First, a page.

"I never saw any good that came of telling truth" John Dryden (1631-1700)

“I never saw any good that came of telling truth”
John Dryden (1631-1700)

Authors whose work has offended others enough to be banned are particularly interesting,  and John Dryden (1631-1700) whose comedy “The Kind Keeper” was banned during the Restoration, is thus someone I find intriguing. His thoughts on the topic of truth? “I never saw any good that came of telling truth.” I also love what William Blake, (1757-1827) the multi-gifted English poet, painter and engraver, put so well: “A truth that’s told with bad intent beats all the lies you can invent.”

"A truth that's told with bad intent beats all the lies you can invent." William Blake (1757-1827)

“A truth that’s told with bad intent beats all the lies you can invent.”
William Blake (1757-1827)

"He would be the best of fellows if he did not always speak the truth." Oscar Wilde (1854-1900)

“He would be the best of fellows if he did not always speak the truth.”
Oscar Wilde (1854-1900)

Who can discuss the truth without referring to one of my favorite authors, the incomparable Oscar Wilde, who has given me endless hours of pleasure both at the theatre and curled up with a book. Wilde didn’t much believe in telling the truth at all. He said: “The telling of beautiful untrue things is the proper aim of Art.” (The Decay of Lying) and “He would be the best of fellows if he did not always speak the truth.” (The Sphinx Without a Secret).

We do require another word to replace the word “lie”, when lying is a kindness. What is wrong with being considerate and kind and refraining from hurting others with painful, even if factual, truths? In most cases, the “truth” is known anyway and we don’t need to rub it in. Some of the meanest, deepest and most agonizing hurts are delivered under the pretext of “truth”.

We also can use yet another word for a different meaning of the “truth”. The great American writer and libertarian, Thoreau, said “Rather than love, than money, than fame, give me truth.” He was talking about something totally different when he wrote about that oh-so complicated word which has so many different meanings, both positive and negative.

How confusing can this language of ours get????

Inglish? English?

 

Muriel from BlogJust before Valentine’s Day, over breakfast at a local cafe, I noticed a new sign reading “Who Do You Love?” I thought about it for a moment and that it should be “Whom do you love?”, but I didn’t say anything nor check it when I got home.

First of all, I gave my trusty grammar book to a lovely young student who has kindly helped me with computer woes which I have now and then, and although I may be right, I didn’t bother with Google, because somehow it didn’t matter to me. Interesting…..

I used to care a lot about the English language. In a way, I still do. I love it. It is full of possibilities and can be wonderfully expressive and great fun. I enjoy words and playing with them, but something is happening.

Aside from the fact that at times I now find myself searching for words I know I know and want but can’t retrieve, I don’t seem to be as distressed by seeing/hearing what I may consider poor grammar. Am I mellowing?

Years ago, one of my children’s third grade teachers told me “She did good.” It was good news, because this particular child didn’t always do “good”. Even so, my insides cringed with the knowledge that this woman, who was teaching my child, would be so careless with the language. It bothered me so much, I still remember it! However, I’ve now accepted that language is a changing, growing, flexible thing and that’s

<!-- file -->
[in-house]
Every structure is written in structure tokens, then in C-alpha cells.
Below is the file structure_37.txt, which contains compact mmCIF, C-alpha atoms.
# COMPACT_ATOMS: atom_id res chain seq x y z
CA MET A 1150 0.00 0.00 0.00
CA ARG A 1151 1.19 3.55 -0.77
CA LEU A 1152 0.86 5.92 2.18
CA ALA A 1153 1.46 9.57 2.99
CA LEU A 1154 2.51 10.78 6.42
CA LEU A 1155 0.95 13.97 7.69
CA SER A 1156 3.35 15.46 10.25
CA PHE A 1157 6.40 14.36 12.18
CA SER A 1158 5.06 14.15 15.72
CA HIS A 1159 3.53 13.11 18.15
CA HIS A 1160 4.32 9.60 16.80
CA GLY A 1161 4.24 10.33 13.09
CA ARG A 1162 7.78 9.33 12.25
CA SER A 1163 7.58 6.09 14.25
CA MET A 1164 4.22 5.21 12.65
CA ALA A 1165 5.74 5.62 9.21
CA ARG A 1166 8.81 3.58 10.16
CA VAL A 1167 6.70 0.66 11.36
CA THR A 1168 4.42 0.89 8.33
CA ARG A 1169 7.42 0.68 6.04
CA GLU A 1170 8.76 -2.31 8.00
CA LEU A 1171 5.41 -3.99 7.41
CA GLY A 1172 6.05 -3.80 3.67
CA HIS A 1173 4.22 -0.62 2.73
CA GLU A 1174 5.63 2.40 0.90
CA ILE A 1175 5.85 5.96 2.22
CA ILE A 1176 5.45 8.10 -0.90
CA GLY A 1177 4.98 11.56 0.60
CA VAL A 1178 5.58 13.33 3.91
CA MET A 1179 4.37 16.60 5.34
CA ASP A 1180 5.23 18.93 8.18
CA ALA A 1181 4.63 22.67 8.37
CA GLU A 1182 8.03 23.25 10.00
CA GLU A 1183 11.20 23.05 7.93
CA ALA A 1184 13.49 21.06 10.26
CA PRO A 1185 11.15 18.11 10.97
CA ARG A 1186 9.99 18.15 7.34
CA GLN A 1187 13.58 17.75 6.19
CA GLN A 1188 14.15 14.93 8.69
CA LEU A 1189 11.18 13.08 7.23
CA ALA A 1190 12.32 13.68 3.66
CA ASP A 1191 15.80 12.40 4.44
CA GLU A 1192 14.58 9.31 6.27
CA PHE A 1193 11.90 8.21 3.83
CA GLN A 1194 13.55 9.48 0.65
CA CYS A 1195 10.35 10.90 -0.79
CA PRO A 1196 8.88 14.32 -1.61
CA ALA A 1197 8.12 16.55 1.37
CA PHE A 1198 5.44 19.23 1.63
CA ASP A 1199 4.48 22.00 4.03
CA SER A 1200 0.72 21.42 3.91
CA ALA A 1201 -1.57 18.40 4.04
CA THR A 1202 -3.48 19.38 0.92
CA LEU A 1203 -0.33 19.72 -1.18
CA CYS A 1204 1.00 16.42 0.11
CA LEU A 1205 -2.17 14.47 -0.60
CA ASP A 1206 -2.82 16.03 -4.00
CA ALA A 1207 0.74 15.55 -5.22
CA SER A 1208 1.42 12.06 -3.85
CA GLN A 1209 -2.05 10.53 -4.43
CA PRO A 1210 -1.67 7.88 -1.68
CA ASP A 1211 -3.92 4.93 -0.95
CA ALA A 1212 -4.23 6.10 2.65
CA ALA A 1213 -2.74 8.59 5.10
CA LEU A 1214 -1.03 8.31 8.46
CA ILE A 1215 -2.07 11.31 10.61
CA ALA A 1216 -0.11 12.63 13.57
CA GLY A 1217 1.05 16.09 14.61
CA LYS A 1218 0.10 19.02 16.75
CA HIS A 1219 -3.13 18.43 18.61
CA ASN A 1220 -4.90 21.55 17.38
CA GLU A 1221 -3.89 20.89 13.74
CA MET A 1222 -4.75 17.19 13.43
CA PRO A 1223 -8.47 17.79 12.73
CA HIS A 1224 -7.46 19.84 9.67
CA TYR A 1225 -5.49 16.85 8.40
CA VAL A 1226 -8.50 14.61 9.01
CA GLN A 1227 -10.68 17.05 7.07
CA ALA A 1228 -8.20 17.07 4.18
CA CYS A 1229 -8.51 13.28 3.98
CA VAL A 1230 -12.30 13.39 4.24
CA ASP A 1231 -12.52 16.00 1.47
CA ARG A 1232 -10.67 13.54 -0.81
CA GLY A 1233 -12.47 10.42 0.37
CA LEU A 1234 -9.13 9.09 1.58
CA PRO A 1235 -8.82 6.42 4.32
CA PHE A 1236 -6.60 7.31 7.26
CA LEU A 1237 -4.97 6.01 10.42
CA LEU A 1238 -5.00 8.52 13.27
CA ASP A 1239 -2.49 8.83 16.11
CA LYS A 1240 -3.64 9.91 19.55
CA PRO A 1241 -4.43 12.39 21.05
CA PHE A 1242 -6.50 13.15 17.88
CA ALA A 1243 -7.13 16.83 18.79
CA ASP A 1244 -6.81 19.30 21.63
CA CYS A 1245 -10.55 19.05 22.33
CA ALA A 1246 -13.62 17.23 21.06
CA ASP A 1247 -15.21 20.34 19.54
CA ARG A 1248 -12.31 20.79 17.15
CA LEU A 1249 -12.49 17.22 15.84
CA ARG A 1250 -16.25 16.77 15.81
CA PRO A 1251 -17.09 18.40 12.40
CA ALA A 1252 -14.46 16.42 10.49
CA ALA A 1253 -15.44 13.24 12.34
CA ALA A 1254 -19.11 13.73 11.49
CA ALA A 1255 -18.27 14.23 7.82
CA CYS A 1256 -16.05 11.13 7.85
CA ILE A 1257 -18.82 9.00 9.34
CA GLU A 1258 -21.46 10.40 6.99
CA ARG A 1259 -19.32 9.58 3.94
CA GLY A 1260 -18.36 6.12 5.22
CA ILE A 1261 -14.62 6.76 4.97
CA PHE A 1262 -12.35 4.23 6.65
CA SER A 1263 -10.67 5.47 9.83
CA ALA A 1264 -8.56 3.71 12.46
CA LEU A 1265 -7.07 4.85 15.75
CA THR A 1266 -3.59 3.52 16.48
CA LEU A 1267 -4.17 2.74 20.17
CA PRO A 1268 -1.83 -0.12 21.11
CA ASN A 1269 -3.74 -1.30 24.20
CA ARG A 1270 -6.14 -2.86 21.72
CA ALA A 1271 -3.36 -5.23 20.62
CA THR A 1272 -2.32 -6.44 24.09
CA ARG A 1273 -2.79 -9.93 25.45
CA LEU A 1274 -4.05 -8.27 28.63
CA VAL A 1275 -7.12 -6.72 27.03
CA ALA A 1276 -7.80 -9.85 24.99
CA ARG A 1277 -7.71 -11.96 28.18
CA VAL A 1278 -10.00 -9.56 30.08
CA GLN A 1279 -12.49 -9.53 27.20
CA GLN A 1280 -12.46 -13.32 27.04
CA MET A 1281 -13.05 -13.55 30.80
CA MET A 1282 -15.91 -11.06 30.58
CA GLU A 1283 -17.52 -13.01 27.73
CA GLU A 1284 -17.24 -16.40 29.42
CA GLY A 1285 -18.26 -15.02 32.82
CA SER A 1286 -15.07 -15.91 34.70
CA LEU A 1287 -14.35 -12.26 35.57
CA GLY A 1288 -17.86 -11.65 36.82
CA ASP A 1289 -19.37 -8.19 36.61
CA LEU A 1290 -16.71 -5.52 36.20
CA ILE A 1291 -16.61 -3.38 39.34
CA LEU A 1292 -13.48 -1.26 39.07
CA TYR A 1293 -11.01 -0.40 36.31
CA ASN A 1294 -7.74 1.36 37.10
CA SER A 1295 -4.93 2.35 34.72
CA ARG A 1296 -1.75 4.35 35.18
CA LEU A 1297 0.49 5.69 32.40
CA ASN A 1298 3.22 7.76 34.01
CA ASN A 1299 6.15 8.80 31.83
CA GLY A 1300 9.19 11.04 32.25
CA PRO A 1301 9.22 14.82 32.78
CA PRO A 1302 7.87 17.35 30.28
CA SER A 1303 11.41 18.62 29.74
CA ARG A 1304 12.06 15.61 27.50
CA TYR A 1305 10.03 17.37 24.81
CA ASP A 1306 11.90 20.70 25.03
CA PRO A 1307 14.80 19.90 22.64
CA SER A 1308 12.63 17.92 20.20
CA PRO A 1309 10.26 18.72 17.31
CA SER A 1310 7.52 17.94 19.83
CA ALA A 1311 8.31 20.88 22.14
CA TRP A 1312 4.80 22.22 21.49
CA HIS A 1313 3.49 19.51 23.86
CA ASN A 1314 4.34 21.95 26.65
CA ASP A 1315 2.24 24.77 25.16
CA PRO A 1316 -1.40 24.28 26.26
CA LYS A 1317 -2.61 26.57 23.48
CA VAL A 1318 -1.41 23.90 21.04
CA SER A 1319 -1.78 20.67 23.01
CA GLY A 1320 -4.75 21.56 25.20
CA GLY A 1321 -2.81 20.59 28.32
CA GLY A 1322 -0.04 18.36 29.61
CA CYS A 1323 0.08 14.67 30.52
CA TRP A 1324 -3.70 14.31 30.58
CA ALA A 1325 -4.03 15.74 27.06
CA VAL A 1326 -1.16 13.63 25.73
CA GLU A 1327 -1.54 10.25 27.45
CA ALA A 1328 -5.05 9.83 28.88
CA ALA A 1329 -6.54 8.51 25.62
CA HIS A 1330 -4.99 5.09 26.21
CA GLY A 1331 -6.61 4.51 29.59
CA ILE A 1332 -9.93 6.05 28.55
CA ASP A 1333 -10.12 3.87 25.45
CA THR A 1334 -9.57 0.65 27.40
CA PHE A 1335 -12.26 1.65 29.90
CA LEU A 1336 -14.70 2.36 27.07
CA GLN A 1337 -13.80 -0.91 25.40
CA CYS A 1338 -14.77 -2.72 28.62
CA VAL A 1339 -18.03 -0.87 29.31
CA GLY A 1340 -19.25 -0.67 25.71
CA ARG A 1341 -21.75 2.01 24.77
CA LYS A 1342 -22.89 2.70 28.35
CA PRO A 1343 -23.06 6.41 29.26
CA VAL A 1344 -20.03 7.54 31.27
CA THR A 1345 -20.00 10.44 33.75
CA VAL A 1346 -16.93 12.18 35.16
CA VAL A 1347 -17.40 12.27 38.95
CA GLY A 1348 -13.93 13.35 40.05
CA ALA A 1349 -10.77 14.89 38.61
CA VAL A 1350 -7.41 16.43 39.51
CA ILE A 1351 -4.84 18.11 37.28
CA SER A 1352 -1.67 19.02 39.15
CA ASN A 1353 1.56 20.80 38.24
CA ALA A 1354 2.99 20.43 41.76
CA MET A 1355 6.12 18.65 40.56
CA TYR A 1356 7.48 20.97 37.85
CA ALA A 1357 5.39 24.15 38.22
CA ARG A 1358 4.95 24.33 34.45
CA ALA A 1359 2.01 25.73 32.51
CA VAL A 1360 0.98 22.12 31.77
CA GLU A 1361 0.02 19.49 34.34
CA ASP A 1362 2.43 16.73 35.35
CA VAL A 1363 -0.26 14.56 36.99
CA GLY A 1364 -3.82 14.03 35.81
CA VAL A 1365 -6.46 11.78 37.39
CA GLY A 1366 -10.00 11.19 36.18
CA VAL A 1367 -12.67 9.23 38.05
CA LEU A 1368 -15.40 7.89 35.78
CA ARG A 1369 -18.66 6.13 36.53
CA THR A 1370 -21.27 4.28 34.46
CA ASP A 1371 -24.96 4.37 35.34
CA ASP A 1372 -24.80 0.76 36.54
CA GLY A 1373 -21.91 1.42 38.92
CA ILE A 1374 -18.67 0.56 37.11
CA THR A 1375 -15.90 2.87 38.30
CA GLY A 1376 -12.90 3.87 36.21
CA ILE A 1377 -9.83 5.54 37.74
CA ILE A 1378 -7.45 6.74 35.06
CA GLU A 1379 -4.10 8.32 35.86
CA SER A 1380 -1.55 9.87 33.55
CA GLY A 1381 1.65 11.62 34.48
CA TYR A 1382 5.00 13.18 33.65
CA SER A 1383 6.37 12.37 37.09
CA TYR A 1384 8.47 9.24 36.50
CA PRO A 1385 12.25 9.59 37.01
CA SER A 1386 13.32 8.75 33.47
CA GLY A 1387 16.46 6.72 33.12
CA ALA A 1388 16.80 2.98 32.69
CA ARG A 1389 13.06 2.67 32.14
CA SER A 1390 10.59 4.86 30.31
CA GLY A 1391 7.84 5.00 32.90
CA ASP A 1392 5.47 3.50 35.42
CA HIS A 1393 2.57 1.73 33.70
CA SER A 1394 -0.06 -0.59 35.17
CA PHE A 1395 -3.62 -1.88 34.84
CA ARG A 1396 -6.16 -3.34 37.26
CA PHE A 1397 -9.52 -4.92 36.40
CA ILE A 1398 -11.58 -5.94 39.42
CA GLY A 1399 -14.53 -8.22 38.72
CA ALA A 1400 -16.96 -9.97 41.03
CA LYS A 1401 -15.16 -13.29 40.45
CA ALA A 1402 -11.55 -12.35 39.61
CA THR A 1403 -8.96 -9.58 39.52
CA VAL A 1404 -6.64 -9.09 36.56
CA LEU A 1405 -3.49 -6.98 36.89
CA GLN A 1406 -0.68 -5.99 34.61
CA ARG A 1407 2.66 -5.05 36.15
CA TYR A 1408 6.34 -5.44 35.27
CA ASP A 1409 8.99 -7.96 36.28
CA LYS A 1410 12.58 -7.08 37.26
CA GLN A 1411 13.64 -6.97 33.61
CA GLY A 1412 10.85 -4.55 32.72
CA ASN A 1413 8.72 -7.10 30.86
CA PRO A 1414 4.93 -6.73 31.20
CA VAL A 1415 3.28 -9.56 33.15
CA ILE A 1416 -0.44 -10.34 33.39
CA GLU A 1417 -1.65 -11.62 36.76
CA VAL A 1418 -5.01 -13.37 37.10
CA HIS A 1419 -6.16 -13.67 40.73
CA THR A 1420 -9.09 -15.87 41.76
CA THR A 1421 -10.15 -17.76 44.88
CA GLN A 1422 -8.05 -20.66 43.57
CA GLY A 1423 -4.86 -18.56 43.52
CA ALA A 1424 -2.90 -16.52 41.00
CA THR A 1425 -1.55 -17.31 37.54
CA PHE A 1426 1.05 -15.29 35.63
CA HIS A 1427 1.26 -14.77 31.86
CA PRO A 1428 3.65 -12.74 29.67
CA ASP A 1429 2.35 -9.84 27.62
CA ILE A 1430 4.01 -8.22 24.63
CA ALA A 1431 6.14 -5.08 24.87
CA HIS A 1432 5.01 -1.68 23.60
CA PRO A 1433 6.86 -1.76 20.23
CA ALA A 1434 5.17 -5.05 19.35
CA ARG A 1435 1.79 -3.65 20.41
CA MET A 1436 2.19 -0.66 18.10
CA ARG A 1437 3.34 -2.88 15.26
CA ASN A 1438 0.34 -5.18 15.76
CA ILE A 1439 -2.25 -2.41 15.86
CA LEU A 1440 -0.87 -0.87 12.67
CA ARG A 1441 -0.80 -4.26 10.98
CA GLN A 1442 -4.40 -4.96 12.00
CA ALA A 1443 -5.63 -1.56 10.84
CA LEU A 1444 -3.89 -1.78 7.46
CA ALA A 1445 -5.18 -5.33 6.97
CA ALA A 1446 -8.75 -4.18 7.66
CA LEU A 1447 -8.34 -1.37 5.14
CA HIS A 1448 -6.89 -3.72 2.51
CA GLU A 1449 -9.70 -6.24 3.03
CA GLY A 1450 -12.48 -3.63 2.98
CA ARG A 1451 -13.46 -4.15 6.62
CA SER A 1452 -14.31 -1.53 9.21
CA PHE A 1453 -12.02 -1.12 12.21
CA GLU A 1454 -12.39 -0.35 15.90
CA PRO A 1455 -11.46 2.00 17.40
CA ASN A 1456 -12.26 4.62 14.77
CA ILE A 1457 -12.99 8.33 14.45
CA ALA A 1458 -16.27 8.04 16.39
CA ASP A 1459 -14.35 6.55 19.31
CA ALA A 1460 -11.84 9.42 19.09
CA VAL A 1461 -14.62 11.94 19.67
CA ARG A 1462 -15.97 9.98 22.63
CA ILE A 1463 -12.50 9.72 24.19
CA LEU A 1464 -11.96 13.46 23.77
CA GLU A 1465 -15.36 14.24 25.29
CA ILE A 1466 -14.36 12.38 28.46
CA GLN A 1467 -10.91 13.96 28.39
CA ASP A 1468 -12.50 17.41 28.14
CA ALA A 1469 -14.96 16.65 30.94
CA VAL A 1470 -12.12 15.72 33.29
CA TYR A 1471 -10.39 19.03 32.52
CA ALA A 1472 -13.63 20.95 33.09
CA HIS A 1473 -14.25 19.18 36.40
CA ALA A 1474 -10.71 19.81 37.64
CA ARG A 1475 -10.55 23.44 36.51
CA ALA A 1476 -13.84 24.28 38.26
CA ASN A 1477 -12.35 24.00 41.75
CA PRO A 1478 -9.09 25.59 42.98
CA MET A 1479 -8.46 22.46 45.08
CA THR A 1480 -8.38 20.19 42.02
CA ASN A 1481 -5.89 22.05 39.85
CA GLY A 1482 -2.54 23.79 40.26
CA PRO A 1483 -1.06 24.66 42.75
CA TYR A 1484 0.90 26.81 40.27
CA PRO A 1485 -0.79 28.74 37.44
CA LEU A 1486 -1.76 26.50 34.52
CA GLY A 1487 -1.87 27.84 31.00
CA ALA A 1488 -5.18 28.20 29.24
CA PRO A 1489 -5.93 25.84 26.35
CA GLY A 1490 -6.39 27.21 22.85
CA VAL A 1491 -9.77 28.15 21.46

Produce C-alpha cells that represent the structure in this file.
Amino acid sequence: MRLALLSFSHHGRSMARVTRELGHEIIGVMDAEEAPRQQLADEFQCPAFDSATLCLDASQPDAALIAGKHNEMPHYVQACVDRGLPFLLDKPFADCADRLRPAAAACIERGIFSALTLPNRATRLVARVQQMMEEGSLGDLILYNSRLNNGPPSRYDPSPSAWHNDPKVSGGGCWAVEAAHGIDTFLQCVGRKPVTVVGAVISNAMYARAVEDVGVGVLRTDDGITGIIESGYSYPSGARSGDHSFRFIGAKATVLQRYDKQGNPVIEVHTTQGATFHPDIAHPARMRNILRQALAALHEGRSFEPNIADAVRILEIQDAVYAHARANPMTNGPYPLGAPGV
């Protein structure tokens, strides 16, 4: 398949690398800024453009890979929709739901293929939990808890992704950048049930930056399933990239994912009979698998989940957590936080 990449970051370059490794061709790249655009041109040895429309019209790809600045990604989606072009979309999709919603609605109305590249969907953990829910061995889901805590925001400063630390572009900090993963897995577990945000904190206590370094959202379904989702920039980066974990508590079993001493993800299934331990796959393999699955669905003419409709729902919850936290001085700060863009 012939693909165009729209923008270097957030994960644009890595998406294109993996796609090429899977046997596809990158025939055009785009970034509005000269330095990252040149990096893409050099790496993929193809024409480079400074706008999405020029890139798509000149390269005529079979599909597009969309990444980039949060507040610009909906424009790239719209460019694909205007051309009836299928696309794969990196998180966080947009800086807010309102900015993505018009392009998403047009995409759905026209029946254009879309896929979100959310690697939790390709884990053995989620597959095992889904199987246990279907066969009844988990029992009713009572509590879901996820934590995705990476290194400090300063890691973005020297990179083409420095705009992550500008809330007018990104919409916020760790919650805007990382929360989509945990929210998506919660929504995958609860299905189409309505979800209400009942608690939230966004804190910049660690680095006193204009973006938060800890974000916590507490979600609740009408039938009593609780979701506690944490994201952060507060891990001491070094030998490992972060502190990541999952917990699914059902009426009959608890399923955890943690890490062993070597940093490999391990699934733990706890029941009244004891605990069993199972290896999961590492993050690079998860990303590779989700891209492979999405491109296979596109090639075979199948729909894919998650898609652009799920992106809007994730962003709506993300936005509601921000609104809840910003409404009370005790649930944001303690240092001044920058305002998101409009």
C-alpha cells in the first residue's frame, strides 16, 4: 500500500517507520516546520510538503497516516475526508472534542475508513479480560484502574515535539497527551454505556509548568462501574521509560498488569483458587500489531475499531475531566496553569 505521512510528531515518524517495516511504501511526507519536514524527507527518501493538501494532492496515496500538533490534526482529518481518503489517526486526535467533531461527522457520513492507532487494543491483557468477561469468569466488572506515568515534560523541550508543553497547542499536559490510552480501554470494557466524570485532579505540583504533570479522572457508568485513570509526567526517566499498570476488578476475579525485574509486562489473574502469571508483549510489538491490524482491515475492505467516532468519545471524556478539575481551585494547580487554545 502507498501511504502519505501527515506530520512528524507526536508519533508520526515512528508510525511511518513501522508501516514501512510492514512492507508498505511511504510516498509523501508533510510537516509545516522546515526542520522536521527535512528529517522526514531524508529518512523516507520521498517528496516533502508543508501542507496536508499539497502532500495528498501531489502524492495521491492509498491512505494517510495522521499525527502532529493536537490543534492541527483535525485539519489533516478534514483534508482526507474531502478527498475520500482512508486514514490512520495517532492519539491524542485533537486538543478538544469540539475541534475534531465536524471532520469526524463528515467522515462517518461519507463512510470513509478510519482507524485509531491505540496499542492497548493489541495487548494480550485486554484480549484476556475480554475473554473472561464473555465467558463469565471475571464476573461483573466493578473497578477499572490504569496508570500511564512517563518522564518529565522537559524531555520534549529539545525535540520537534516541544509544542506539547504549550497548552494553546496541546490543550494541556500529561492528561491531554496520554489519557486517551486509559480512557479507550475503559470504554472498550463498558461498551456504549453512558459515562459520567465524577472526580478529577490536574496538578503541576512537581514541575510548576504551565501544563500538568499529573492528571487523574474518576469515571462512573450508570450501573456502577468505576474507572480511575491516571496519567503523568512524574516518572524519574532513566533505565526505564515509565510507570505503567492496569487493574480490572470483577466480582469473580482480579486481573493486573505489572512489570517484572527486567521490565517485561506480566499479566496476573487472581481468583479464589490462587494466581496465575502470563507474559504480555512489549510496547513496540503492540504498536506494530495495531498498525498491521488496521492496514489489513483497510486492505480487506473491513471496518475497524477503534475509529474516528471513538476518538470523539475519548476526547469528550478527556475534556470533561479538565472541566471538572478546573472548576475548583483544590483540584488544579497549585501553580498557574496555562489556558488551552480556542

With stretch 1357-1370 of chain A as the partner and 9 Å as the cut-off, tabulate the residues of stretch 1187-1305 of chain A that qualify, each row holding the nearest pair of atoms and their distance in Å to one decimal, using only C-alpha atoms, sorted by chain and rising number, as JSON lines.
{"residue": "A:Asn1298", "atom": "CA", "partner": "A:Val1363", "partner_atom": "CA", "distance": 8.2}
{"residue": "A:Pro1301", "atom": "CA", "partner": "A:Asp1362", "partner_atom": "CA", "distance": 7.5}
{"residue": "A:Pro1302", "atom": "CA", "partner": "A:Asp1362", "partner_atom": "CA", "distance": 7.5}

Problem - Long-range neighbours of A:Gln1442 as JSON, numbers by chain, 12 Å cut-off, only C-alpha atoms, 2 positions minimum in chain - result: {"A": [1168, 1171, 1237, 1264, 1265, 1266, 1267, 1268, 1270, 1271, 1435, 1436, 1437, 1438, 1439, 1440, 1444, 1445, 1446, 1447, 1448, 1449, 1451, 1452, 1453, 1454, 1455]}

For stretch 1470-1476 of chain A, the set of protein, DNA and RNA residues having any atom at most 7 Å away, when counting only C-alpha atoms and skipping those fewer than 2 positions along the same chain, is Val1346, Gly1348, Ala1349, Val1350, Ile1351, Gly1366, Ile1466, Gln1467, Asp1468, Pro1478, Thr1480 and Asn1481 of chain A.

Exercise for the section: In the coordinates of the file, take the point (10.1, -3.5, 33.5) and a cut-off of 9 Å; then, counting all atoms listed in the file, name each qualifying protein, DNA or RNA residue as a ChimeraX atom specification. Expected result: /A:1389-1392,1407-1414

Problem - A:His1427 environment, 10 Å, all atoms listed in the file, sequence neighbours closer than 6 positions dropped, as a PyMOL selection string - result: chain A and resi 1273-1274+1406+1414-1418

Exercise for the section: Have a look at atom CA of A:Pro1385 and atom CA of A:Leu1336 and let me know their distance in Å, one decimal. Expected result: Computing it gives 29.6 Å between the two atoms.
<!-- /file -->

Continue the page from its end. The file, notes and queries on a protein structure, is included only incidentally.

This woman was teaching my child. I was distressed she misused the language.

This woman was teaching my child. I was distressed she misused the language.

what makes it so intriguing. Seems I’m rolling with the punches.

Once, I chose to write an anti-gun column. It was reproduced on a pro-gun website, after which I received hundreds of negative emails, some nasty, some even theatening, but mostly from people with terrible spelling. I was more bothered by the poor spelling than the threats and had to resist the urge to

He can shoot. But can he spell????

He can shoot. But can he spell????

correct the first 10 or so and return them to sender. (I gave up on reading the rest and just deleted them unread.) My own readers responded positively.

There are certainly things I would change myself in our language if I had my way, particularly with spelling. After having tutored ESL students, I am very aware of how tricky English spelling can be. For instance, why do we need a “b” in “plumber”, or at the end of “bomb”? Why use “ph” when we mean “f”? On and on it goes — most confusing.

My own new English spelling would look something like this: Wat sens duz it mak to spel thum with a “b” wen we don’t prononz it that way? Why mudle thru speling lik the word “through” wich merly confuzes the ishu?

English spelling is especially tricky for ESL students.

English spelling is especially tricky for ESL students.

I also used to warn my ESL students not to rely on their computer spell-checks. (I don’t know how to use mine.) It wouldn’t catch words that are misused if what you have written happens to correctly spell another word. Thus, I was delighted when a friend sent me the following poem.

Beware of computer spell-checkers.

Beware of computer spell-checkers.

“Spell Checker”.

Eye halve a spelling chequer

It came with my pea sea

It plainly marques four my revue

Miss steaks eye kin knot sea.

Eye strike a key and type a word

And weight four it two say

Weather eye am wrong oar write

It shows me strait a weigh.

As soon as a mist ache is maid

It nose bee fore two long

And eye can put the error rite

Its rare lea ever wrong.

Eye have run this poem threw it

I am shore your pleased two no

Its letter perfect awl the weigh

My chequer tolled me sew.

“Who wrote it?” I asked.

“Sauce unnown.”

P.S. Write me and let me know what brings you to my blog. I’d love that.